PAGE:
Editorial - IFCIA Newsletter No 27 11 November 2017
The increasing availability of treatment solutions in dentistry through the introduction and development of implantology is undoubtedly a beneficial development for patients. The comfort, ecology, simplification, reproducibility, and even aesthetics that implantology provides have legitimised its perpetual improvement and adoption by practitioners.
Like any biomedical technology, resulting from fundamental, applied and clinical research, the extensively used treatment solutions in our daily practice face incidents and complications which we must manage in order to prevent exposing patients to significant biological imbalances.
Locally existing pathologies are known as peri-implant mucositis and peri-implantitis. While the former is an inflammatory lesion of the mucous membranes without any osseous loss and is, therefore, reversible by rigorous plaque control and a bio-integrated prosthesis, the latter is associated with a loss of bone supply, deep pockets, bleeding and often suppuration, requiring a decision-making protocol for its treatment depending on how advanced it is.
To date, only retrospective cohort studies, taking into account the definition of the disease, allow for the calculation of its prevalence and its incidence. On average, peri-implantitis can occur in one in ten implants in one in five patients after a period of 5 - 10 years.
It is, therefore, imperative to identify risk factors and preventive measures when prescribing an implant treatment. For Professor Giovanni Salvi, there are a number of factors. He lists a history of periodontitis, surface roughness, mucositis, monitoring, tobacco, keratinised mucosa, implant stress, cleaning, oral hygiene and residual cement.
In this issue of the IFCIA NEWSLETTER, we aim to take a scientific approach in the Implantology section and a clinical approach in the Periodontology part. We have recently published two articles in the prestigious journal Clinical Implant Dentistry and Related Research addressing biological complications in the first year regarding inflammatory conditions of the mucosa, bone loss and/or implant loss.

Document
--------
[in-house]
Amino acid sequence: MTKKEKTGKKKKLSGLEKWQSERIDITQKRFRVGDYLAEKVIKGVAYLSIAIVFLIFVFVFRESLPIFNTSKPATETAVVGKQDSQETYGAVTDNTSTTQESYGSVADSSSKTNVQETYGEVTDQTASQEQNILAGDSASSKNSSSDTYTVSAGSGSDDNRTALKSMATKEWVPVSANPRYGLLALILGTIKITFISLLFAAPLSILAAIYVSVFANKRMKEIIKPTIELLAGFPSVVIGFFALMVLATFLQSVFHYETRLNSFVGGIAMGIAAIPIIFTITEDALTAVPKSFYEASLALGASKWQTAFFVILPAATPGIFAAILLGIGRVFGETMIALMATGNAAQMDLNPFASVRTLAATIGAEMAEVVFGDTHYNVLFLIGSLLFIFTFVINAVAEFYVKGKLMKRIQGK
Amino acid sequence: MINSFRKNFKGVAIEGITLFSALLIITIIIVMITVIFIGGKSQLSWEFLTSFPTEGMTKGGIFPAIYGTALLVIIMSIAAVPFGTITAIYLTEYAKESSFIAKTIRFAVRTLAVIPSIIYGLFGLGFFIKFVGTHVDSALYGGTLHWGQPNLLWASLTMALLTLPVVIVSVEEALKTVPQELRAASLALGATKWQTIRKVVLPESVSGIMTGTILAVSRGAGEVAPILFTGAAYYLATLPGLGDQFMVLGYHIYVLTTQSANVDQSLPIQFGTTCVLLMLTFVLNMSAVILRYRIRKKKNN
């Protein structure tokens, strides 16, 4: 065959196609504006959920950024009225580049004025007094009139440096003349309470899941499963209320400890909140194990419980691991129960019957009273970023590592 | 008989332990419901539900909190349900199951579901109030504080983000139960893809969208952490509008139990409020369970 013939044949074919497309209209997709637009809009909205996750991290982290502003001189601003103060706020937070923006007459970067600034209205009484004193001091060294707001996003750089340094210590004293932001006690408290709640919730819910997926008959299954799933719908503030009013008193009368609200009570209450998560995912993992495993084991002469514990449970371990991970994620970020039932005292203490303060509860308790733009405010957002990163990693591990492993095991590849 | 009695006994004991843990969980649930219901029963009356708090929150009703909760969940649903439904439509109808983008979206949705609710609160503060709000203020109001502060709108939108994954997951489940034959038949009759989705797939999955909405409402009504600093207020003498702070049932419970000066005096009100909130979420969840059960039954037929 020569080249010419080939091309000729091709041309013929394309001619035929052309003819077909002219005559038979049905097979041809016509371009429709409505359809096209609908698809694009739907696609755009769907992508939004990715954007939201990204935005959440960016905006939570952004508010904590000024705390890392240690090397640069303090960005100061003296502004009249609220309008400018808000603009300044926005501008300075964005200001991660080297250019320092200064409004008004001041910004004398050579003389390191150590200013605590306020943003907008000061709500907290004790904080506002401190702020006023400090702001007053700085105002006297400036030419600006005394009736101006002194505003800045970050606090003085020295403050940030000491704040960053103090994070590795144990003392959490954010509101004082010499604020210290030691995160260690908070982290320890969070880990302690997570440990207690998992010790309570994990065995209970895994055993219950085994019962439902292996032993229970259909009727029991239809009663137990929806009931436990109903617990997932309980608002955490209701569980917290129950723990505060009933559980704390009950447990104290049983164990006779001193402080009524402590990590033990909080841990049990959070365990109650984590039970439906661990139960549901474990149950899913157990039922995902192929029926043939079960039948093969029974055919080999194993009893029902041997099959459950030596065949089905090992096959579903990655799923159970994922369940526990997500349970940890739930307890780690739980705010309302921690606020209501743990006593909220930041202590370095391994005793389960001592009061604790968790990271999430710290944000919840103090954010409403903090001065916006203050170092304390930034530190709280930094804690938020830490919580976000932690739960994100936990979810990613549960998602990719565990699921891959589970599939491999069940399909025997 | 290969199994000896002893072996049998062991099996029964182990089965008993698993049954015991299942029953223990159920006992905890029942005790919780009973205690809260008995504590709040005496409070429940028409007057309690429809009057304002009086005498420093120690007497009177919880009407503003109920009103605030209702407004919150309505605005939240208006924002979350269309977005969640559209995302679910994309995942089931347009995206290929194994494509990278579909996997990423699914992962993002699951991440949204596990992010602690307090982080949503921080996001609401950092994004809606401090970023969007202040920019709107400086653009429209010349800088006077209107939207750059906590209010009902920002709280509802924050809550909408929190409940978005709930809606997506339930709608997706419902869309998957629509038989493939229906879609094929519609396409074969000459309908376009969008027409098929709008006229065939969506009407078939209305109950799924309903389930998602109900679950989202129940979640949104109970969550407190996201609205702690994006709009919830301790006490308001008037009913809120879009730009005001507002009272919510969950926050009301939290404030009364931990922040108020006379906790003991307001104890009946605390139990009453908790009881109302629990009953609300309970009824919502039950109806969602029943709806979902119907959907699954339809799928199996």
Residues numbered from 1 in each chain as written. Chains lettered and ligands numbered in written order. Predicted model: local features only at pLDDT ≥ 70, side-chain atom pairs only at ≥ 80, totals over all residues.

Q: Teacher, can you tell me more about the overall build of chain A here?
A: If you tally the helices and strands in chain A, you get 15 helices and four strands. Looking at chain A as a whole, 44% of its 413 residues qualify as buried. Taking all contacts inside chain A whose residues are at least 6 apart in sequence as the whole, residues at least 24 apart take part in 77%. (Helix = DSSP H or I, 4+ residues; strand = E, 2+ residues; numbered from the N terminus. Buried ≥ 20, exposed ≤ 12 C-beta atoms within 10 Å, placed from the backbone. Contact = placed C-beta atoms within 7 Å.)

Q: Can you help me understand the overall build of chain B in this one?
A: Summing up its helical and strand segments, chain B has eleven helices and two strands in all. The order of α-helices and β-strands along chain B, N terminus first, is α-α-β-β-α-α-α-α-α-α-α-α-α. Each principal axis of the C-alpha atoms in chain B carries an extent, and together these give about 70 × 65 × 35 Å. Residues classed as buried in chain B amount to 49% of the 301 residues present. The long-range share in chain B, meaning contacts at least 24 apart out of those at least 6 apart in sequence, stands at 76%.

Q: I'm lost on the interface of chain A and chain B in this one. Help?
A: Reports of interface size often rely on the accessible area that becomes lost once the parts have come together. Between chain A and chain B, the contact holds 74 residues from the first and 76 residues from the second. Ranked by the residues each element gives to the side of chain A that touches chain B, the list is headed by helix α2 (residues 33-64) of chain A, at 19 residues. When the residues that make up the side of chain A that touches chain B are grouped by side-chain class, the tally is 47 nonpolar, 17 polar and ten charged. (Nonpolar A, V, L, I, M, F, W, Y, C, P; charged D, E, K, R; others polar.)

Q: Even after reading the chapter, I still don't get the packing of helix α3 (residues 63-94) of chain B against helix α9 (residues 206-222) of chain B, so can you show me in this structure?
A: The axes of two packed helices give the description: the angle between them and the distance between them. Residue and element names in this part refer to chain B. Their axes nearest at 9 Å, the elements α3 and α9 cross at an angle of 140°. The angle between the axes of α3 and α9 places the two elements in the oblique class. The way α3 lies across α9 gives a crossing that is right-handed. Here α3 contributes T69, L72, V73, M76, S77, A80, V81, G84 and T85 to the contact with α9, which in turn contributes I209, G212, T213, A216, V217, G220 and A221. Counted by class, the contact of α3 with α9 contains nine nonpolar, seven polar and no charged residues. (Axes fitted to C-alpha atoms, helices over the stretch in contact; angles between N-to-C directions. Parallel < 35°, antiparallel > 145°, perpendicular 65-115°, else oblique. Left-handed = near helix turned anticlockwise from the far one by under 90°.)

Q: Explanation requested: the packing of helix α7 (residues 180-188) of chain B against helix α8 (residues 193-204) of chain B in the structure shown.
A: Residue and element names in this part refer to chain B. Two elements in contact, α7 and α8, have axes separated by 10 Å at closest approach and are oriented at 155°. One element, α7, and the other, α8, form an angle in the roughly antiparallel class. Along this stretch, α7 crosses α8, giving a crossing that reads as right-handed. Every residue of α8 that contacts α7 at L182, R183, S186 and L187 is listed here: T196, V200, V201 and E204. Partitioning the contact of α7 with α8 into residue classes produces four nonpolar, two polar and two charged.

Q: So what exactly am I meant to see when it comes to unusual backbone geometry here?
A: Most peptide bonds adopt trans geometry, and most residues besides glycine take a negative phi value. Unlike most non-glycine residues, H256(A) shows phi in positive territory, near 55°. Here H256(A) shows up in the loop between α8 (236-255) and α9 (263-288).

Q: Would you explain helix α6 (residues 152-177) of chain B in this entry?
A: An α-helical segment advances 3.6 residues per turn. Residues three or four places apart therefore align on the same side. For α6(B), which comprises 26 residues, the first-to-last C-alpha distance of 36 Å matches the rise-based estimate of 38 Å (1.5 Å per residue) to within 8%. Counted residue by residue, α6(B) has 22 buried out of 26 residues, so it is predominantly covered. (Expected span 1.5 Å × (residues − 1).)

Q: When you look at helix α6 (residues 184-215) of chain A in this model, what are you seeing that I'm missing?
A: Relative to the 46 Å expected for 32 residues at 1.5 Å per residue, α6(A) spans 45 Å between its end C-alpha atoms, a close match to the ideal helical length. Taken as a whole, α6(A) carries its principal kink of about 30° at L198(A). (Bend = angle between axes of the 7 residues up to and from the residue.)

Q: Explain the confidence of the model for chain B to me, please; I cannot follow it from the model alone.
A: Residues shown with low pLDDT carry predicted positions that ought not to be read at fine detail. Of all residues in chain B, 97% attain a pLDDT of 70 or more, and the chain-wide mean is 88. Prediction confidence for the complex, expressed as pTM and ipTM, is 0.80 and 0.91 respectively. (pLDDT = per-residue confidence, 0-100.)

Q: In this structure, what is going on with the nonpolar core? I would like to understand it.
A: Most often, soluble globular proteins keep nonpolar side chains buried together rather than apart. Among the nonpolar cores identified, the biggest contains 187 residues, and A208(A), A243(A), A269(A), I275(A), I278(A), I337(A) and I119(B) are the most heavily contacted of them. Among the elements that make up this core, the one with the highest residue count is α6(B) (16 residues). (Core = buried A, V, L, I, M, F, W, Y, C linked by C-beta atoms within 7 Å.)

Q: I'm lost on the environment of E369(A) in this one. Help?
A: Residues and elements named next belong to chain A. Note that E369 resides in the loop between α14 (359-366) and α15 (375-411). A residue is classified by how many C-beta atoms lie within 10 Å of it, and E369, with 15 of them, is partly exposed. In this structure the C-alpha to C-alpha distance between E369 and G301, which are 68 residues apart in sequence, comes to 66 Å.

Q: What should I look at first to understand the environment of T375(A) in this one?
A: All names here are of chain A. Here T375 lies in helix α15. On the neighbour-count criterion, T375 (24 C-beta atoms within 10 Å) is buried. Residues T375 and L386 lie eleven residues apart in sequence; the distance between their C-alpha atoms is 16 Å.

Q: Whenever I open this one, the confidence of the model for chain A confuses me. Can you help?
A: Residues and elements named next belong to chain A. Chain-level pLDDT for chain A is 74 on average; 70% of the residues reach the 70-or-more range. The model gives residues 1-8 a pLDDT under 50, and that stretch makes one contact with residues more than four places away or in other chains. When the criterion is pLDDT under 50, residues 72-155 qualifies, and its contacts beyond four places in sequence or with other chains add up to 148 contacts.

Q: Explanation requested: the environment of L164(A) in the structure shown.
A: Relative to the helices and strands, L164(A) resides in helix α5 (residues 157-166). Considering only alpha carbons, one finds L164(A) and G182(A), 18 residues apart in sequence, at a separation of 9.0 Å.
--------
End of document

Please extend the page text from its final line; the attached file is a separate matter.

This retrospective research and review study led by members of the IFCIA study group in close collaboration with Professor Torsten Jemt deals with a sample of 3082 implants, 1017 patients and 1592 procedures carried out by the same surgeon in a private practice, published in the first part, has a higher prevalence of these complications in patients with history of periodontal issues and second surgical procedures with bone augmentation concerning the posterior mandibular sector.
In the second part of this publication several statistically important factors were associated with an increased risk of implant failure, for example, smoking, surgical techniques and the type of implants.
In the second section of this newsletter dealing with "EMERGENCIES IN PERIODONTICS", the author, also a member of the IFCIA study group, aims to describe emergency situations in periodontics with clear and precise loading protocols, by using a summary review to illustrate it.
We suggest that this entire publication may give our readers the answers they need to the questions and situations encountered in their daily clinical work and contribute, in part, to an increase in their knowledge of these two constantly evolving disciplines.
Thank you to the author-members of this dynamic Study Group and Professor Torsten Jemt for sharing their knowledge with us. We will meet again in the next issue of the IFCIA NEWSLETTER, which will be wholly dedicated to implant rehabilitation using the All-on-4® technique.
Théodore M. Abillama
Dental surgeon, Editor-in-chief